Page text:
You can google the the Goldilocks lesson, but it's basically an analogy between the story and our reading lives... the idea that some books are too hard, some books are too easy, but some books feel "just right" and those are the books we should spend most our time reading. You can probably find posters online, too, showing a child riding a bike. Riding uphill feels so hard, riding downhill feels so easy, but riding on a road with a few bumps here and there feels "just right." {The bumps are tricky words we have to figure out along the way, but most of the riding is smooth and enjoyable.}

      Older kids are better able to gauge what feels "just right" for them and often make good choices, but I think younger kids who are budding readers need more guidance in this way. I give each of my students a shopping card which helps them remember what bins to shop from. On their shopping day {one team shops for books per day}, the students take their cards with them and self-select books from a range I've given them. I usually have them shop for:

      • 3 books at their instructional level to support strategic reading (for example, guided reading level E)
      • 3 books at their independent level to support fluency (for example, guided reading level D)
      • 3 books at the level below that, again to support fluency and automaticity with high frequency words (level C)
      • 3 "dessert" books ... these are any 3 books from any section of the library other than the leveled library

      They may not necessarily be able to read the "dessert" books, but I think it's important for children to have books in their hands they want to read, even if they're storytelling the pictures or taking it home for Mom and Dad to read to them. We call them dessert books because they're extra and we REALLY want them, even though they might not be "just right."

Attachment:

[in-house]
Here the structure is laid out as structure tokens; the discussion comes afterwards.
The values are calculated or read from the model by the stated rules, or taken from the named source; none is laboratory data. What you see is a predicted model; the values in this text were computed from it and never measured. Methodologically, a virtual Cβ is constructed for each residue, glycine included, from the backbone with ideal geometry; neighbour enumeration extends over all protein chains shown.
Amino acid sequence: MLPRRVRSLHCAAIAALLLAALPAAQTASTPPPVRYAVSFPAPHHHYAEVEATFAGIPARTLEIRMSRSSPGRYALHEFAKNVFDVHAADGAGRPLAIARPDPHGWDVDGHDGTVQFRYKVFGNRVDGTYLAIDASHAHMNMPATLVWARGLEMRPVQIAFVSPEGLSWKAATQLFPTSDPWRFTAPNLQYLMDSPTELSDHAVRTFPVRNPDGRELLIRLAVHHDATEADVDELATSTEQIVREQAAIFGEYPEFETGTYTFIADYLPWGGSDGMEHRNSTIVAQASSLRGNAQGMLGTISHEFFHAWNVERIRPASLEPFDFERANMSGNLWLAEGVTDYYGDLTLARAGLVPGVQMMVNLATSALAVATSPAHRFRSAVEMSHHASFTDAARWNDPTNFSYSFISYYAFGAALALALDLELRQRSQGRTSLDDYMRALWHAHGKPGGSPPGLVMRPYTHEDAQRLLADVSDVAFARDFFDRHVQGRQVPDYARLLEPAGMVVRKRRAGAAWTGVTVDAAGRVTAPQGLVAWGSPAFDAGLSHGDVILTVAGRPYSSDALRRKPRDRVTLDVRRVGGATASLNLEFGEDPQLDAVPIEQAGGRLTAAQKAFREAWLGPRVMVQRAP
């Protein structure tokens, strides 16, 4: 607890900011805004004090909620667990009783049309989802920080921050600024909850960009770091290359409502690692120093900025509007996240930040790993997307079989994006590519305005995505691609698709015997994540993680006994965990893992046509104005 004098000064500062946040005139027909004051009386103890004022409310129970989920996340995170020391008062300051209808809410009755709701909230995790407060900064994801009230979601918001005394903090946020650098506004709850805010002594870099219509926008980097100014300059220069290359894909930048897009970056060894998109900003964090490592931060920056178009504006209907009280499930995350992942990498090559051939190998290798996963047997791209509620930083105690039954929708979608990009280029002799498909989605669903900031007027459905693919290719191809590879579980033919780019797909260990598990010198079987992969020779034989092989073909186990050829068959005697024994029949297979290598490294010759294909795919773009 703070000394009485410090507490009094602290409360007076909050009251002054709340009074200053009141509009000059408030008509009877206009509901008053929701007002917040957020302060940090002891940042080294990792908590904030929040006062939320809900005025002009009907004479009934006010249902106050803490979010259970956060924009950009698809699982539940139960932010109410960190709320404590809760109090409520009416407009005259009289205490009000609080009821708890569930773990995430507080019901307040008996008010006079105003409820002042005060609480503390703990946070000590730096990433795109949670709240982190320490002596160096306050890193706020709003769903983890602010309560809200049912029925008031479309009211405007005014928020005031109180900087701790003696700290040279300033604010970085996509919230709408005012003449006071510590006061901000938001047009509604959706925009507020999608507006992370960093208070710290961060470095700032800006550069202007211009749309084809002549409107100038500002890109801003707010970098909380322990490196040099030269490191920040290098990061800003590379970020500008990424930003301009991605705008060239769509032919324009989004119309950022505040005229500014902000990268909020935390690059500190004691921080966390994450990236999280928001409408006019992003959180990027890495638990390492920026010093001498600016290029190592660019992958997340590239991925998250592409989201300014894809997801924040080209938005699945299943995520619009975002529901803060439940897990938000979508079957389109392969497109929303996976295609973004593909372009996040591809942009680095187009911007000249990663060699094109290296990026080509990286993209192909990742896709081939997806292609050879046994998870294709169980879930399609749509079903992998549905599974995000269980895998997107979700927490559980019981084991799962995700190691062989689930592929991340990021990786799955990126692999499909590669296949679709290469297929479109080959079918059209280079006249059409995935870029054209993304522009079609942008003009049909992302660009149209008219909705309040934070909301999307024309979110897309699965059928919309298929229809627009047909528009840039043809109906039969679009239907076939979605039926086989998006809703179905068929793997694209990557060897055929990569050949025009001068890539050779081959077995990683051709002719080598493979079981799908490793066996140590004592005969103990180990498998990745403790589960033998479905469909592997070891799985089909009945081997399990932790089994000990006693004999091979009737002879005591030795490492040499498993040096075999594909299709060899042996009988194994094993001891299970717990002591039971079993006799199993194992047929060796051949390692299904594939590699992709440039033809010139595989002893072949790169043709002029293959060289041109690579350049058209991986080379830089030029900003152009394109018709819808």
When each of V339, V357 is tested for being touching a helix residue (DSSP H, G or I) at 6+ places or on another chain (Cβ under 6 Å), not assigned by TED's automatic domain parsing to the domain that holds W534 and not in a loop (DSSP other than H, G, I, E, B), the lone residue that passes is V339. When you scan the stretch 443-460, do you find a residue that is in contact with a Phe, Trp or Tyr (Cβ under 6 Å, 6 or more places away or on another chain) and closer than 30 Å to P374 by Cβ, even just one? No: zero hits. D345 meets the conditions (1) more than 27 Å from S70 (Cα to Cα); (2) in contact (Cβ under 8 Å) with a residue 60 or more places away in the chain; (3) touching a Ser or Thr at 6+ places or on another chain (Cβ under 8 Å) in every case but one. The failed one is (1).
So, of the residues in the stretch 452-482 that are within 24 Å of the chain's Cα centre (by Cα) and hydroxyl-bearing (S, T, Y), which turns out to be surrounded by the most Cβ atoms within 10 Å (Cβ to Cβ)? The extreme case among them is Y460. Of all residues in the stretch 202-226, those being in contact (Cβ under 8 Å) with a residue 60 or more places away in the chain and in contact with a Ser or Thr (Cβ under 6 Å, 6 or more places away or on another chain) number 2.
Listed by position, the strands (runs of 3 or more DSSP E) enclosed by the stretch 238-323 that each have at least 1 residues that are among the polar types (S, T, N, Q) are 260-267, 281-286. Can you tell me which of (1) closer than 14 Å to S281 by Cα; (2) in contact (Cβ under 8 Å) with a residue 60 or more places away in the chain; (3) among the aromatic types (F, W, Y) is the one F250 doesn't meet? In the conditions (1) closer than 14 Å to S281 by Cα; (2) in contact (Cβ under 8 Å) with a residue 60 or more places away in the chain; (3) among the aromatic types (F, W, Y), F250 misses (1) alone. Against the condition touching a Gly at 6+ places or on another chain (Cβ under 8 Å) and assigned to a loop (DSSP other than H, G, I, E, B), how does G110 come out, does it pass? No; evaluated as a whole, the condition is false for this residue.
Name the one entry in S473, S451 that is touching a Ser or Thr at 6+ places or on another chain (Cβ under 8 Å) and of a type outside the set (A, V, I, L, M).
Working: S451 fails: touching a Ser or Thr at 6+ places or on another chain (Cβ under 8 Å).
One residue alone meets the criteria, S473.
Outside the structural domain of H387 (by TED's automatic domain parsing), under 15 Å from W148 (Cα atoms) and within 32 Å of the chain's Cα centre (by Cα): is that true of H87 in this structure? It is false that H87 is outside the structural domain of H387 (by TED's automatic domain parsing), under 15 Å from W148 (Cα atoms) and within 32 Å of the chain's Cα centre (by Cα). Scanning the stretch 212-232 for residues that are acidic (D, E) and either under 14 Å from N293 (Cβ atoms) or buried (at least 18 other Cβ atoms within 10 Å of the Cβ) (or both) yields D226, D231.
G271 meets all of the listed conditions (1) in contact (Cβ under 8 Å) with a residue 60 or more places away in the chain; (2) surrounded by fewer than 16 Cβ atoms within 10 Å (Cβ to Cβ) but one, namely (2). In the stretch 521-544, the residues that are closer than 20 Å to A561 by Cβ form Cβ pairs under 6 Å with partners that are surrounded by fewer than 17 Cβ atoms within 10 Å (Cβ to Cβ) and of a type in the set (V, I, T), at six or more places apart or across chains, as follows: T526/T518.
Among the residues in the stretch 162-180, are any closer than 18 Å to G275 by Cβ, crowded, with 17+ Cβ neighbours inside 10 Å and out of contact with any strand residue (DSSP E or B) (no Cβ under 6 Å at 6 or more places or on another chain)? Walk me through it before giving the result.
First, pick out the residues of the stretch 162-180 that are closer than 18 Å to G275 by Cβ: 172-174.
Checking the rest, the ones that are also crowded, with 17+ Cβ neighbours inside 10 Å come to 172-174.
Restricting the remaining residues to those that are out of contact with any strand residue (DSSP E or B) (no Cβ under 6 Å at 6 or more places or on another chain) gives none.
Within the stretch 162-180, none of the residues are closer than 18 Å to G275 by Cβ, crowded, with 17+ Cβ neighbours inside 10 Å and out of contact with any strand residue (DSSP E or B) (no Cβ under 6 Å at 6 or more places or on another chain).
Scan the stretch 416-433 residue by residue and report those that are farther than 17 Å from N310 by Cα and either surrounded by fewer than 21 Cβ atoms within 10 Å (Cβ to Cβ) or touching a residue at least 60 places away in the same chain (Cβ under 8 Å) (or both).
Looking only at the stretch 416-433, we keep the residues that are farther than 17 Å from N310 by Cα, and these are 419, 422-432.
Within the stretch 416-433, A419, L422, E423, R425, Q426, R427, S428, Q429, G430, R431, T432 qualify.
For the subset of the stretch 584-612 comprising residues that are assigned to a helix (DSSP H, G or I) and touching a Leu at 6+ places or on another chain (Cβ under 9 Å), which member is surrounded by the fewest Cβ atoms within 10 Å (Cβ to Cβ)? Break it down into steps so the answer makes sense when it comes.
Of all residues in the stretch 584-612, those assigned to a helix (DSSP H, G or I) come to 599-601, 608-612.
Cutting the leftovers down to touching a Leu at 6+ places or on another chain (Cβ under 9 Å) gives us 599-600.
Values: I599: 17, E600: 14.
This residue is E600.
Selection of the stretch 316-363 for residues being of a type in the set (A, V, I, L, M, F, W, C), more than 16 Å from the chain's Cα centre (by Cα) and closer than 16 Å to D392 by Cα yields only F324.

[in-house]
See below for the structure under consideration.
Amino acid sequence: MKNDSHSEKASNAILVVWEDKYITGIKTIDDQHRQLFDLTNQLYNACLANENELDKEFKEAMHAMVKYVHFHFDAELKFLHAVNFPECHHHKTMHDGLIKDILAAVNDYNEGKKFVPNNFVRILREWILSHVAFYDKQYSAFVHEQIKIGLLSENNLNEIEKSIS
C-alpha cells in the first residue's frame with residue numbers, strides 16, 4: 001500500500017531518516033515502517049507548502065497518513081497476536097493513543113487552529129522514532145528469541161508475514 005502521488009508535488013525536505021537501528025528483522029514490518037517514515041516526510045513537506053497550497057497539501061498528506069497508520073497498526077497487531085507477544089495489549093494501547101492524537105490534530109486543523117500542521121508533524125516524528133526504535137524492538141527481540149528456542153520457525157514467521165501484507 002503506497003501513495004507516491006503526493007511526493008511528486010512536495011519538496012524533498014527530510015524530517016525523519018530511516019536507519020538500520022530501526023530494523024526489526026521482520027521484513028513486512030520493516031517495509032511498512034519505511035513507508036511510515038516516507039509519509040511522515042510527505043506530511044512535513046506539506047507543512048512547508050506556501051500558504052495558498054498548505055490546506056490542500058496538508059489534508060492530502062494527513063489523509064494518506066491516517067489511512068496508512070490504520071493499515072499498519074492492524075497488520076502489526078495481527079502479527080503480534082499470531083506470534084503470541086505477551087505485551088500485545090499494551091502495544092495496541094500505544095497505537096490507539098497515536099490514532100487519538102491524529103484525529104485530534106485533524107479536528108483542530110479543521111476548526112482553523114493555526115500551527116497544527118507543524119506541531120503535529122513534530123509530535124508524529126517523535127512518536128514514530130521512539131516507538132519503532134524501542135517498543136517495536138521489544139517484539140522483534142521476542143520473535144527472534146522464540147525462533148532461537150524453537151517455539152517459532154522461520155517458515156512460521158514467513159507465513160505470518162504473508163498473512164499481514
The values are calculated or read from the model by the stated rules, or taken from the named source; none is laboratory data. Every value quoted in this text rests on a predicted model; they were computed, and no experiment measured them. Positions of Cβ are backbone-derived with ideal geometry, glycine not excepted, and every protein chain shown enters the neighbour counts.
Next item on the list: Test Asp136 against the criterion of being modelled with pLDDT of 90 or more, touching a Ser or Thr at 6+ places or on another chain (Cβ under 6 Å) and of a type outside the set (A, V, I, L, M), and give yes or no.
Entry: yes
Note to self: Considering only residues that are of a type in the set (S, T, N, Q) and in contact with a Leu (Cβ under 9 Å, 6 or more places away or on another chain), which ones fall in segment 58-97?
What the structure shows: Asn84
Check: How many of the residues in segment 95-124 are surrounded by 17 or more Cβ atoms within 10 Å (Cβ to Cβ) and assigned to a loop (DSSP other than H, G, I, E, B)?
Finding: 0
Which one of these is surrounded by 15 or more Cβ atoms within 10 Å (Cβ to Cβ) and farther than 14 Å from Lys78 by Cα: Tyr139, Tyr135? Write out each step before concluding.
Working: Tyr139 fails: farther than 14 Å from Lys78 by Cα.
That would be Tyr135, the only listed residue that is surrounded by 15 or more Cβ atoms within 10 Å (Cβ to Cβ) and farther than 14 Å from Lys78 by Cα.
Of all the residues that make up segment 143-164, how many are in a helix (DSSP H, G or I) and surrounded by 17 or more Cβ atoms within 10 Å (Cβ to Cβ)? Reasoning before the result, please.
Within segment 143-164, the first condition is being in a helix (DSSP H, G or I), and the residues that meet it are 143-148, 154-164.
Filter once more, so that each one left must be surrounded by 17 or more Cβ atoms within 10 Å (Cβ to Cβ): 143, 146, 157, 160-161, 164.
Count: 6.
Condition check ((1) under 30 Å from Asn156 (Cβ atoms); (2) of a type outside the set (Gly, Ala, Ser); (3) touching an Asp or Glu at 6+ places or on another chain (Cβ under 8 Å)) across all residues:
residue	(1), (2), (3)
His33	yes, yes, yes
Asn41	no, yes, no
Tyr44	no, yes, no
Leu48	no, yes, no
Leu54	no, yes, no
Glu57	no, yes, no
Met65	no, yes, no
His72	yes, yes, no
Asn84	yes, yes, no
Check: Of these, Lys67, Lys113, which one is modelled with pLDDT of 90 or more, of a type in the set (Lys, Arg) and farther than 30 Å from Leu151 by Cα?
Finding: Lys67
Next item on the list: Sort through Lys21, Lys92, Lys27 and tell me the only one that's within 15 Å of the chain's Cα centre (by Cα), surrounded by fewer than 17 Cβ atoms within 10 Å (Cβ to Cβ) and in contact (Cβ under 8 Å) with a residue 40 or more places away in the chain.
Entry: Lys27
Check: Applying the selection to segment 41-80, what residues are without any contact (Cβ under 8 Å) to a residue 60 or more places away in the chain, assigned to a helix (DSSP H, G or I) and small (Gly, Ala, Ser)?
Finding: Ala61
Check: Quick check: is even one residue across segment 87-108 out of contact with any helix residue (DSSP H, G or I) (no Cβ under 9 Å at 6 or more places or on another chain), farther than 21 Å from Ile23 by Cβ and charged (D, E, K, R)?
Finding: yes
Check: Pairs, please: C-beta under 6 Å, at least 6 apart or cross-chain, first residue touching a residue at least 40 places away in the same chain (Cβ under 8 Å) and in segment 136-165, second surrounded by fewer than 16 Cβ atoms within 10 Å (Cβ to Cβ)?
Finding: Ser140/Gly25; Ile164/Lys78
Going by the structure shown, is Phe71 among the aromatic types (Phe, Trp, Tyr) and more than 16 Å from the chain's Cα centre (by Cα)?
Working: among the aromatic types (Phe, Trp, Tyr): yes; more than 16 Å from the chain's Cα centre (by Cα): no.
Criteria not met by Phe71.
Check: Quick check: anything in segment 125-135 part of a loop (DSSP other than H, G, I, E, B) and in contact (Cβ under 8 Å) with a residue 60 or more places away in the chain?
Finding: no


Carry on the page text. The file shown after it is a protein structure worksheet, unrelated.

There are no hard and fast rules about this, but this has always worked for me. They keep their books for one week and then shop again the following week.

      :) Andrea

  2. We love the idea of using the rings to hold labels! We're always changing in and out, so that is super handy!

    :) Tamra and Sarah
    First Grade Buddies

  3. Looks great! I love changing books out throughout the year. It keeps the kids interested. Enjoy setting up your class again!

    Fantastic First Grade Froggies

    1. Yes... I think that's a great idea. It's like every time I go into Barnes and Noble, they've changed up the displays, so why not do that in the classroom, too? Love it! :)

  4. Wow, I LOVE your oversized bin labels! Mine are pretty big, too, which I love, and each book has the corresponding label on it (printed them directly onto address labels in the printer). It helps so much with them returning books to the correct bin! I am SO on the Librarian job this year--what a brilliant idea! Up until this past year, I had about 10 different jobs and the kids kept them a full week, but this year I started having one boy helper and one girl helper that rotated every day, which worked great. I think I'll just include shelving the books each morning as part of their helper duties! Thanks for a great post--found you via Pinterest!

    -Gayla (2nd grade)
    Teach On.

    1. Hi Gayla,

      Your corresponding labels will make it so easy for your librarians to shelve the books... and YOU won't have to do it anymore... yay!

      I will admit that the books don't "always" end up in the correct bin, but if 90% of the books are where they're supposed to be, I'll consider that a success... especially with 6-year-olds. :)

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  6. Where oh where did you get your partition? I love the characters on it!

  7. Hi Catherine,

    You're not going to like this answer because it didn't come from a store... my father-in-law made the wooden frame and my mom hand-quilted the characters. Aren't they adorable? I love this so much and it's perfect for me because it has all my favorite characters from children's literature on it. She's very talented, but she can't sell an item like this because of copyright infringements.